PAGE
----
Life is Not a To-Do List
Photo Credit: Tony Case via Compfight
Have you ever looked at your life and thought to yourself “damn I should have accomplished more than this by now.” I know I certainly have. I still do from time to time.
- 2 girlfriends who I never really loved
- A half a dozen jobs I hated
- 2 degrees that I never use
It’s really easy to look at your life and say “is that all?” Of course that’s not all, but when we’re not where want to be with our lives that’s what we focus on. We’re ALWAYS trying to get somewhere other than where we’re at. But if all we’re doing is waiting to arrive at our destination we’ll never learn to enjoy the journey.
Let’s say you hop on a plane to somewhere in Southeast Asia. Well it’s a damn long flight. Would you insist on being miserable the entire flight? Of course not. There are a number of things you could do the make it enjoyable
- Have a drink, or two, or three
- Join the Mile High Club (if that’s your thing)
- Become friends with the person sitting next to you (if they’re the opposite sex, reverse 2 and 3)
My friend AJ Leon says that half of what makes a great story is the ups and downs. Imagine if the story of somebody’s life went like this
- He walked out the door
- Everything went according to plan
- He died
On the tombstone of that guy we could write “HE WAS BORED OUT OF HIS F#$#ING MIND.” There’s a fine line between adventure and adversity. As I’ve said a million times when you feel like you’re on the verge of a breakdown you’re probably around the corner from a breakthrough. The problem is most people never get past the breakdown in order to get to the breakthrough. They let the breakdown define them rather than breakthrough.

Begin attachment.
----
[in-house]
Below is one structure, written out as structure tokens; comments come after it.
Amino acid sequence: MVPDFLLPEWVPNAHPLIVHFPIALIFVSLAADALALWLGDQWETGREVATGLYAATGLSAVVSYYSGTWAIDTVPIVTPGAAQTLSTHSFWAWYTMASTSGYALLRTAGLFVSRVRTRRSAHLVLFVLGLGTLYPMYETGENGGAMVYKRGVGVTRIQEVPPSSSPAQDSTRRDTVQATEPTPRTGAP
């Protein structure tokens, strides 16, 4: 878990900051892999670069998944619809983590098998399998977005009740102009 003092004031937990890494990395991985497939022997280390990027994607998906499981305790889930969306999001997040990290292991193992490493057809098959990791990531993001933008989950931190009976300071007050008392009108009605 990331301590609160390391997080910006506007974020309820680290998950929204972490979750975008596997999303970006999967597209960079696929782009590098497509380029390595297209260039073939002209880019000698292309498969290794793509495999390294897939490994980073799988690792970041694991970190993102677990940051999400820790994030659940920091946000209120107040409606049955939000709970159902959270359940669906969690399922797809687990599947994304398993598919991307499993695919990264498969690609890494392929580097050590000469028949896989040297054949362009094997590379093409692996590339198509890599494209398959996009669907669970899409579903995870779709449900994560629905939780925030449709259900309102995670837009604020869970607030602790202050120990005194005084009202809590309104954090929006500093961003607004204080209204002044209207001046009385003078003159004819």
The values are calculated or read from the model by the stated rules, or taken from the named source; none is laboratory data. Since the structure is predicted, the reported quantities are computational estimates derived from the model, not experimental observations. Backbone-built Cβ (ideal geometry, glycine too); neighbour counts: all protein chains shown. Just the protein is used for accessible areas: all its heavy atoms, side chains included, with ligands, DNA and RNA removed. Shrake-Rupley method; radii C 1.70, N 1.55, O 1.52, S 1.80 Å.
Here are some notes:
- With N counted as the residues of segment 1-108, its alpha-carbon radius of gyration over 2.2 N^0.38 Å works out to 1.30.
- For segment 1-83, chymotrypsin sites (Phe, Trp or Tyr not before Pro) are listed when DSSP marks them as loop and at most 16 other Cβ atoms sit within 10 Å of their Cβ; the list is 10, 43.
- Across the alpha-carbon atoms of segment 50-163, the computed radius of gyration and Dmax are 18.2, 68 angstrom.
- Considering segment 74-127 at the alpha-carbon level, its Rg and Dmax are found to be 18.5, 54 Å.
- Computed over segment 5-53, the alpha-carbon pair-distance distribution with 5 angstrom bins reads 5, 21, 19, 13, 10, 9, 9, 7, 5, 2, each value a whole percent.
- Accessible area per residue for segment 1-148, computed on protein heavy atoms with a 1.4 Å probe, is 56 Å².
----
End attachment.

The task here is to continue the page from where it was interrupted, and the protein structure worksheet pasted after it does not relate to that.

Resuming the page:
Some days I seriously feel like I’m losing my mind. I feel like things are not moving quickly enough and nothing is right. (Usually it’s when I haven’t been surfing for multiple days in a row). But when I get in the water it puts everything back in perspective. Everything just kind of flows. Words, ideas, and insights, just happen with no effort whatsoever.
Why Experiences Trump Accolades and Accomplishment
Many of us rush through life trying to pad our resumes with every possible accomplishment
- Go to school
- Get a good job
- Get married
- Have kids
- Have grandkids
When we start to view those thing solely as accomplishments instead of the wonderful experiences they are, life becomes a never ending to do list with items that we’re trying to cross off. It’s what I’ve realized is the vicious cycle of accomplishment. The result is that we are never truly fulfilled because we always feel like something is missing from our life.
Caught up in the continual desire for accomplishment, we lose our presence. We miss out on today because we’re living for tomorrow. We go into a “when” mindset
- When I get a better job
- When I get married
- When I have kids
- When I get my book published
It infuses every area our lives and we completely lose sight of the fact that presence is the key to peak performance.
- When I go for a wave and my mind is somewhere else, I always wipe out.
- When you’re talking to somebody and not listening, the conversation usually does not end well.
- When you’re driving and your mind isn’t focused you miss exits.
Treating life like a to do list makes it difficult to experience gratitude. We become taskmasters instead of students in the school of life. So how do we stop treating life as a to-do list?
Make a List of Your Experiences Instead of your Accomplishment
Graduated from College (accomplishment)
- Made some amazing friends (experience)
- Held up at gunpoint in a high speed car chase in Mexico (experience)
- Sat at the Cafe Strada talking to my best friend for hours (experience)
Started a blog and grew it (accomplishment)
- Had a reader email me to say my content changed his life (experience)
- Had a reader tell me how grateful they were for the inspiration (experience)
- Met some of the most interesting people I’ve met in my whole life (experience)
Experiences trump the accolades every single time
When we start to view our lives through the lens of experiences as opposed to accomplishment they become richer and fulfilling. You can’t put a price on experiences.